Excuse me while I have a heart attack from 1. the perfect grammar (and great use of a semicolon); 2. his gentleman ways; 3. how cool he was/is.
Image via Time.
Cartoon characters can perform lots of physics-defying sight gags. Sometimes, they can even cross over from Toon Town into the real-person world and cause portly private detectives no end of trouble. Or help Michael Jordan save Earth from aliens. Or scoop out large chunks of a child’s brain with all the practiced tenacity of a professional pumpkin-carver. They’re also capable of driving demand for merchandise so high that a factory embroidering Hello Kitty baby blankets can keep churning out goods in the middle of a civil war.
Before the Syrian civil war, Aleppo’s factories beat to the steady drum of global consumption. Now that the (mostly) opposition-controlled city has been shellacked with scud missiles, artillery bombardments, and air strikes, many of the city’s businesses that haven’t been reduced to rubble have been forced to suspend operations. Not so for a small, off-brand embroidery factory that, after a brief two-month hiatus, manages to keep making baby blankets featuring the (unlicensed) likenesses of Hello Kitty and Mickey Mouse.
According to the Christian Science Monitor, the factory’s owner lives in a section of Aleppo that is still under government control, so he’s delegated most of the blanket-making oversight to his factory foreman. Though not all of Aleppo’s factories have been destroyed amid the civil strife, the blanket factory has been able to remain in operation due to high demand for knock-off Disney merchandise from, of all places, Iraq.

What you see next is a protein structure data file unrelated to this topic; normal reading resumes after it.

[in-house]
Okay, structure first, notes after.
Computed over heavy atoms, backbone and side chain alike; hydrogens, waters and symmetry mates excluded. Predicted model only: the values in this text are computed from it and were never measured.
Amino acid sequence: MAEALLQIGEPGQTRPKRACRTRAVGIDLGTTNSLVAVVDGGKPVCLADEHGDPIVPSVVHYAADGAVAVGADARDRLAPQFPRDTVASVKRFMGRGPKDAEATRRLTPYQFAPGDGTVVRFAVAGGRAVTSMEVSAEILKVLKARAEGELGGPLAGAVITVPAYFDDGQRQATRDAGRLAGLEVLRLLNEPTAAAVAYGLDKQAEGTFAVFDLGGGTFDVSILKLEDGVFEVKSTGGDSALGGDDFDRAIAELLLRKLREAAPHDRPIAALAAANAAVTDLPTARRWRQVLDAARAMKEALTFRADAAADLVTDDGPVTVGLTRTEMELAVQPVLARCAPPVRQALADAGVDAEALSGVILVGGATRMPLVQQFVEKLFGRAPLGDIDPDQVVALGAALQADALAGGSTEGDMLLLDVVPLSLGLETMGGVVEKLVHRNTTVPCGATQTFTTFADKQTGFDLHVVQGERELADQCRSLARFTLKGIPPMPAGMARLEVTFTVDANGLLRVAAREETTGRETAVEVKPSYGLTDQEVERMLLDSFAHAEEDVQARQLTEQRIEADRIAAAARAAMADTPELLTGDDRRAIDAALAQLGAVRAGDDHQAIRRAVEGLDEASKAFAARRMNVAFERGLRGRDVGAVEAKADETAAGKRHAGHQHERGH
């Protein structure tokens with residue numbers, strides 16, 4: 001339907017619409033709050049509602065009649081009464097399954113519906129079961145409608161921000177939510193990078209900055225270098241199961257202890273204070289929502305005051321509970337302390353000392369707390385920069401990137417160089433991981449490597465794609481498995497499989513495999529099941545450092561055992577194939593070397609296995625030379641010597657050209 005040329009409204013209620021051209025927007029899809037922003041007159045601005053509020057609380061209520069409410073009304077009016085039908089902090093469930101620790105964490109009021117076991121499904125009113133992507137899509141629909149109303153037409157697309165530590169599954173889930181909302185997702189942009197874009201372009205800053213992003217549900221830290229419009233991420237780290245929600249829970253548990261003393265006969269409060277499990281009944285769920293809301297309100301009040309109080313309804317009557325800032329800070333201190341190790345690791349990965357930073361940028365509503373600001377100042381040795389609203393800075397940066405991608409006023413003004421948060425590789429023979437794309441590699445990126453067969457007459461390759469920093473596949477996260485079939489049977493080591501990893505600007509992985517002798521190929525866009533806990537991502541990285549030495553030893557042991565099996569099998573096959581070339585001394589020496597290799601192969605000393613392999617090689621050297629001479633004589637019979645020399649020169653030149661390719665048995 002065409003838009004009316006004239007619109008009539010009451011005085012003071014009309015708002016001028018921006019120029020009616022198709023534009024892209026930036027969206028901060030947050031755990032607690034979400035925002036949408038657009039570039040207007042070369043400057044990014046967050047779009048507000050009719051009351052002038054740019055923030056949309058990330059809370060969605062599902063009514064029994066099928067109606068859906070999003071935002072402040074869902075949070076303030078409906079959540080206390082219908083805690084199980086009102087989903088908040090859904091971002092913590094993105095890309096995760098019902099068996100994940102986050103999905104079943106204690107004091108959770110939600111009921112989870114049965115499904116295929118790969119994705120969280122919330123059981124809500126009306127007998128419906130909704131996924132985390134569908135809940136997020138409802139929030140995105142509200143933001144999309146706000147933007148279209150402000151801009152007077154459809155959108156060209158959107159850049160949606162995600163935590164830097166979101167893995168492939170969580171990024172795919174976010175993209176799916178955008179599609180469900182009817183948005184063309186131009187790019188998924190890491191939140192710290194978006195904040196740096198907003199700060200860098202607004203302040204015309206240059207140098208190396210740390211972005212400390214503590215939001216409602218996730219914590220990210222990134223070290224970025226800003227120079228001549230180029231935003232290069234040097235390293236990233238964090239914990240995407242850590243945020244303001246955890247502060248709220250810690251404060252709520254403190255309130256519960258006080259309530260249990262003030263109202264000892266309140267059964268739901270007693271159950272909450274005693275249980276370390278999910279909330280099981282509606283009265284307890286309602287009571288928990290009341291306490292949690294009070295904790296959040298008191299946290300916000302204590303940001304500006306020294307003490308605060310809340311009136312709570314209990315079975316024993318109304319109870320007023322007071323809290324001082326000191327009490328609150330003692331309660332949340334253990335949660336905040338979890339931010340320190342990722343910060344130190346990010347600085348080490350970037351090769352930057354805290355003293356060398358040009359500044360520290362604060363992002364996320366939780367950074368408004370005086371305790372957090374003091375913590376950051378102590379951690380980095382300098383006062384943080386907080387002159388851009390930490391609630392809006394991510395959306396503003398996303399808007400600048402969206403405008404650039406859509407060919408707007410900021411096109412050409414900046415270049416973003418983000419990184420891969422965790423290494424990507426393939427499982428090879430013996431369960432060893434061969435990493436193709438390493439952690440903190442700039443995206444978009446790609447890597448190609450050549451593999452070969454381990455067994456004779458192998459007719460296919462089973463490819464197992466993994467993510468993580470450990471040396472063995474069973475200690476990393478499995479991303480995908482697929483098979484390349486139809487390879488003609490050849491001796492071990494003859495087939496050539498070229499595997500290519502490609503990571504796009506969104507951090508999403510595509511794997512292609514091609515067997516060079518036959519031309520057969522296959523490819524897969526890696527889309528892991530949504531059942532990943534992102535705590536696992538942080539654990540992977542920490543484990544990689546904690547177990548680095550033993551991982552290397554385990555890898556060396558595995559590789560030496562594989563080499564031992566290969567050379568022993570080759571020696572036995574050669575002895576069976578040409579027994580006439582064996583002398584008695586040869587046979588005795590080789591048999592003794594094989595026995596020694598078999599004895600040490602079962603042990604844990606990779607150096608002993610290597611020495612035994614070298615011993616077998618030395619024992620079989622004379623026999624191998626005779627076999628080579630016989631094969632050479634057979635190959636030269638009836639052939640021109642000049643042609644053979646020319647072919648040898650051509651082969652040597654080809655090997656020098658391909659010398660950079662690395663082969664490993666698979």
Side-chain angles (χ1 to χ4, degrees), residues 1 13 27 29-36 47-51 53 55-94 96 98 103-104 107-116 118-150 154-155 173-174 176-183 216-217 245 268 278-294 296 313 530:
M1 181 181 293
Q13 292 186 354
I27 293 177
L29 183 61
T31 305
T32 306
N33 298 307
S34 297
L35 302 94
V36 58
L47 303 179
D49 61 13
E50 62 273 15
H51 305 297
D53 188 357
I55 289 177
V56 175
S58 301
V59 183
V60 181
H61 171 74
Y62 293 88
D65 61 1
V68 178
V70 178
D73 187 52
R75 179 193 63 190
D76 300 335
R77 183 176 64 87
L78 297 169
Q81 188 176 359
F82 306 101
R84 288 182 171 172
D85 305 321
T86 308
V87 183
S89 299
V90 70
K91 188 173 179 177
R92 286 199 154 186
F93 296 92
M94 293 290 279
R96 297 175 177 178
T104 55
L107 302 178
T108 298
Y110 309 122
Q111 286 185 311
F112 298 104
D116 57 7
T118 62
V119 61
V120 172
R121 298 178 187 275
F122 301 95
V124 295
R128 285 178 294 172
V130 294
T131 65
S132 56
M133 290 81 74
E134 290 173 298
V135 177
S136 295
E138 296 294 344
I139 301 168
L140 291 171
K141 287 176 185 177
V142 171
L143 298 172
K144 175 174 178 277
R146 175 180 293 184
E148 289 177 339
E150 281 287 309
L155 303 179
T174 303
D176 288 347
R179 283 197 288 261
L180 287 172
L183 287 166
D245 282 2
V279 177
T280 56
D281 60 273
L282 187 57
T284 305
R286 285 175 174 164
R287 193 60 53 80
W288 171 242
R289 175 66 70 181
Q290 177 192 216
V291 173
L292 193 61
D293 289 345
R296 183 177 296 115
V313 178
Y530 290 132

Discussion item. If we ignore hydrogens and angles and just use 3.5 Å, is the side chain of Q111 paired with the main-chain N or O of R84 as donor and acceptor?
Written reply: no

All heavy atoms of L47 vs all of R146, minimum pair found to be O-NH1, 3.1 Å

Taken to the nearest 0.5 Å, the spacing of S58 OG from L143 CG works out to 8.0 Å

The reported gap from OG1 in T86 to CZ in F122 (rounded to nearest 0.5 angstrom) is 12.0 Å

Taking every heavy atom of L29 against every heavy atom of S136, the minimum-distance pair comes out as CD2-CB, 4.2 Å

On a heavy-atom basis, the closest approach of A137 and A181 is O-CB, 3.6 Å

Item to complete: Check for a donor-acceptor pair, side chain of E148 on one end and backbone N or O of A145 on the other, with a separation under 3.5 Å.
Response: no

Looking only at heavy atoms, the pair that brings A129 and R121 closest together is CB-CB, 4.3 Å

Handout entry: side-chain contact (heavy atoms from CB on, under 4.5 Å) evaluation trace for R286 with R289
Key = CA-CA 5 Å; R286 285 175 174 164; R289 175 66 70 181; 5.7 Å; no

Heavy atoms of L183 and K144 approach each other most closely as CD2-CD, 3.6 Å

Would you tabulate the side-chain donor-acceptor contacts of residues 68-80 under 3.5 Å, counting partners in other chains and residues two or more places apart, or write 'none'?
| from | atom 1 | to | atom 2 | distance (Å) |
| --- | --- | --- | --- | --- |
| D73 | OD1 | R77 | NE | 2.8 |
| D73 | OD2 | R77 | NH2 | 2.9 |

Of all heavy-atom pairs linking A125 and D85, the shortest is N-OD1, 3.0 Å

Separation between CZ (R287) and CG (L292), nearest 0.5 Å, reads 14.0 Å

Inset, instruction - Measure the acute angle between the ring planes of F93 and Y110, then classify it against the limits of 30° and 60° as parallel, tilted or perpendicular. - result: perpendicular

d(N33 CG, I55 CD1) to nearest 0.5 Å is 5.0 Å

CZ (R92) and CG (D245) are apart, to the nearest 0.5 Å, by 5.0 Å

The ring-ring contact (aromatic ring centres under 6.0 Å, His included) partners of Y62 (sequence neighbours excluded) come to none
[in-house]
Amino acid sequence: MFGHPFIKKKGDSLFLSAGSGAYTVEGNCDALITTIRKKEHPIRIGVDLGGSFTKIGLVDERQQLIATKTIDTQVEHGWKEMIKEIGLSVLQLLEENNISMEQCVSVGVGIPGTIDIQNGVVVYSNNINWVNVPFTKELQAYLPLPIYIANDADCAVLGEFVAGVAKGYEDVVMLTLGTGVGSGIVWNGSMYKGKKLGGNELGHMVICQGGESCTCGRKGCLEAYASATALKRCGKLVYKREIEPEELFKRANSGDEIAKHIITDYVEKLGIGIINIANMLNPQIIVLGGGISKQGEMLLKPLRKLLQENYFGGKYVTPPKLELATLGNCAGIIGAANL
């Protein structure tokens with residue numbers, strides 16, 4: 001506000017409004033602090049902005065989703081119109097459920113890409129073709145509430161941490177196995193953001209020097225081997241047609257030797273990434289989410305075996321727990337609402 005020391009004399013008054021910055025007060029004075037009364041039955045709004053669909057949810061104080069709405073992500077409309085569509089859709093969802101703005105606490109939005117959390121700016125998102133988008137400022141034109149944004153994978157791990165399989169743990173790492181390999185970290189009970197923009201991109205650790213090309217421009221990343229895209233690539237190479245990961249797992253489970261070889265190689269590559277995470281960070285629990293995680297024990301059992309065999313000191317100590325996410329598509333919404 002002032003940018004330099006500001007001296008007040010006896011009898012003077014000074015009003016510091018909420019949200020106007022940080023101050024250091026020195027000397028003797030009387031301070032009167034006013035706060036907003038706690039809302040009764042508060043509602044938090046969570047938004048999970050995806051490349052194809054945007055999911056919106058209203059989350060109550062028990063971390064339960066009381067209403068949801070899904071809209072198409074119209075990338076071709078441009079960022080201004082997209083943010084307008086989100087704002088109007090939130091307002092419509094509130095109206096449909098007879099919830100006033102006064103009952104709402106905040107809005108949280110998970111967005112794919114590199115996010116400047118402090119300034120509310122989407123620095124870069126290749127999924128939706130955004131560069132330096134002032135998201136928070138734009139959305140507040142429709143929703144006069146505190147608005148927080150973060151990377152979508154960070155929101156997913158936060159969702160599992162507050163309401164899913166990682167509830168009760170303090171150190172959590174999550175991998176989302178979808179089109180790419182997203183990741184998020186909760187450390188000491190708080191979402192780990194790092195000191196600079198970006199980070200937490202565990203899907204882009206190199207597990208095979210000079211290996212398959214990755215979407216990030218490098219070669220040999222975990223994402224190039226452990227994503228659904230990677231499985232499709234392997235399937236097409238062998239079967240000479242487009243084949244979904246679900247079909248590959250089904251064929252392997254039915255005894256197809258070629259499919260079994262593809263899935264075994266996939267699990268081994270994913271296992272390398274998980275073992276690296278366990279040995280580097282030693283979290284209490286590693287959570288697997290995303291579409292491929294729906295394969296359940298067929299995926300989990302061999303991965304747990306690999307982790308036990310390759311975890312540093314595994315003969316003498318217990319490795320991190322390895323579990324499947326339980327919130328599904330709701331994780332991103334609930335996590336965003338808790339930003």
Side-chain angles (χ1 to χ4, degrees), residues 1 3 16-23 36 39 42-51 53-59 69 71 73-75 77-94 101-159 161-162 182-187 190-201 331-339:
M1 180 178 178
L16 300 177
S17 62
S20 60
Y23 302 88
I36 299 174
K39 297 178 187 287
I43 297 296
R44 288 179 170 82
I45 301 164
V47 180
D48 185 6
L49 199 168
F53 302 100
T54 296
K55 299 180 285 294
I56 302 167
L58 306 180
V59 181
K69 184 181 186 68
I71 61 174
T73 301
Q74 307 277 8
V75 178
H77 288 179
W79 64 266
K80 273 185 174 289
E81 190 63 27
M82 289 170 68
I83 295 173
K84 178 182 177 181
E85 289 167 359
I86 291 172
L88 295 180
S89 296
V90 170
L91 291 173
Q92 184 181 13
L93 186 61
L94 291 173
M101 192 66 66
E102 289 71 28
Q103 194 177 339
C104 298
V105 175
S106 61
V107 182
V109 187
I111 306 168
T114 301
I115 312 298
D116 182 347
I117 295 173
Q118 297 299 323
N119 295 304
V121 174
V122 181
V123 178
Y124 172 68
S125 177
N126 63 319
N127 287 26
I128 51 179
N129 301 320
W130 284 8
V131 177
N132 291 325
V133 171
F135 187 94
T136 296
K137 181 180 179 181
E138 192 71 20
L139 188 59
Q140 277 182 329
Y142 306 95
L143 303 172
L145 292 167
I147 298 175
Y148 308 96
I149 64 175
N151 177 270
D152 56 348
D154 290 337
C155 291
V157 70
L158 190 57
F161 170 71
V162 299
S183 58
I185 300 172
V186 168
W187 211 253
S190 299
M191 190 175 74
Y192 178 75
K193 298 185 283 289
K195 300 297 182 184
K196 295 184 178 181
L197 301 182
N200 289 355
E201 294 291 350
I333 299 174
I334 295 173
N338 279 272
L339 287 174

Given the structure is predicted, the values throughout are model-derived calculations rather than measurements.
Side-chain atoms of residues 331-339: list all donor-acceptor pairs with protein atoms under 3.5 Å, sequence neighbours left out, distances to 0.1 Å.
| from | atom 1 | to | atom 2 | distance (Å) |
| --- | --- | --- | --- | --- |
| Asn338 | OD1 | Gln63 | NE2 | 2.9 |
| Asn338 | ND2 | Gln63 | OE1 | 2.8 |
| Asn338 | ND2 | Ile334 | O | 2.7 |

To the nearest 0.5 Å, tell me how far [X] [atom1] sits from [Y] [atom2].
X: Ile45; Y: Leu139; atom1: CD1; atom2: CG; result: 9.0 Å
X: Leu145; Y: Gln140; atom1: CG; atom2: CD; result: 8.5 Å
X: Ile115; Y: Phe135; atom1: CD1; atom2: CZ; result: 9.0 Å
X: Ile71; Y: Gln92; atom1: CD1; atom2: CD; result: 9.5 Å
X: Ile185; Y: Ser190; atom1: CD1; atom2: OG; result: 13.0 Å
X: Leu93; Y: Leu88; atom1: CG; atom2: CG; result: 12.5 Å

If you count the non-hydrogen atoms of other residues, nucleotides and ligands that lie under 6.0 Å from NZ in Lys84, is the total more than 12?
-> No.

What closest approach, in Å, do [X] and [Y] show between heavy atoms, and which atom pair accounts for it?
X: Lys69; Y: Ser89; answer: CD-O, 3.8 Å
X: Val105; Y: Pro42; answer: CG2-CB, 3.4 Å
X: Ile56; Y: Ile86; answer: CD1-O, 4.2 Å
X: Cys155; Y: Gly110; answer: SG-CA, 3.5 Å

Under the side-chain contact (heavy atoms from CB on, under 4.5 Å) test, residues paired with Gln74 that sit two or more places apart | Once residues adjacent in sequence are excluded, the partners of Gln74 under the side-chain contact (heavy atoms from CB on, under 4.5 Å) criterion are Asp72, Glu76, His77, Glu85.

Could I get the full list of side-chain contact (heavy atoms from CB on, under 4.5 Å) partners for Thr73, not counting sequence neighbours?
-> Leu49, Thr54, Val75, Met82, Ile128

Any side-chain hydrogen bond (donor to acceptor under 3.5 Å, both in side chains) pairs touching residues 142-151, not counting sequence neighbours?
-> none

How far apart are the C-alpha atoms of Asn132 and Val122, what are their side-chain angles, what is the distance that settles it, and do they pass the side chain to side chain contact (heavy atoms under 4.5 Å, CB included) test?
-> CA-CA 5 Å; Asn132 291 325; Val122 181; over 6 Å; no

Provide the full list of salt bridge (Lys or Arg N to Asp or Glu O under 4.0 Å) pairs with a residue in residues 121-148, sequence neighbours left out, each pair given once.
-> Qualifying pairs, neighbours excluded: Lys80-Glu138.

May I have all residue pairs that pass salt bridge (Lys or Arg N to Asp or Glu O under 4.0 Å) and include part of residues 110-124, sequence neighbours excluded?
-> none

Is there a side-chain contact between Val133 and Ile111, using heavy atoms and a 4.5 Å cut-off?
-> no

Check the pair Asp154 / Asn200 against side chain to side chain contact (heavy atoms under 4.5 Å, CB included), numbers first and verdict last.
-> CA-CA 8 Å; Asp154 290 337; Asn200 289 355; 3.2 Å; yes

I’d like to think the fact that Mickey Mouse is, with just one of his gloved mouse-hands, keeping a factory open in a war-torn country would bring a smile to the cryogenically frozen head of Walt Disney, but I think we all know that he’d be really pissed that the factory was appropriating the image of his beloved rodent without his permission. Clearly, Walt Disney’s head is a humorless grump.
Image via AP
Haven’t you always wanted a body scrub that would wash away your belly button filth and make a serviceable dip for your pretzel sticks? Because that’s the direction the odiferous beauty industry is sloshing in right now — edible lotions, salves, oils, and scrubs that you can use to get into a guilt-free 9 ½ Weeks Situation, or smell so you can get that full feeling without the inconvenient ingestion of actual calories.
The New York Times makes note of the beauty industry’s scratch-and-sniff-sticker marketing trend over the last few years, during which time we’ve all witnessed the proliferation of cloying body butters and lotions that smell just like food. “But,” asked some sharp-witted young star at Bed, Bath & Beyond during one of the corporate weed-smoking retreats, “why smell like food when you can be food?” Now, not only are lotions reminiscent of food — they are food.
Explains a dismayed Times article:
And now the beauty industry is going even further, marketing what it calls “food based” products like coconut shampoo, grapefruit body scrub, mushroom anti-aging cream, pomegranate-pigmented lipstick and cucumber eye-makeup remover.
The Food and Drug Administration does not regulate the term “food based,” but companies claim that these products are organic, natural and, in many cases, safe to chew on. It’s an understandable strategy in an era of juice detoxes, hand-wringing over added chemicals and fears about unseen contaminants.
Okay, so just because you can eat shampoo doesn’t mean you should eat it, right? Wrong, you hopelessly delineated drone! We have entered the era of multi-purpose foodstuffs. In just a few years, you’ll be using the same spackle to repair holes in your drywall and frost a cake for your fifth-favorite cousin. As for the present moment, this is how people are repurposing their formerly single-use beauty products:
“Just as you eat food to nourish your body on the inside, we use the same food to nourish the skin on the outside,” said Susie Wang, the founder of 100% Pure, a beauty brand in California that offers a Cocoa Kona Coffee Body Scrub made of organic Kona coffee beans and chocolate extract.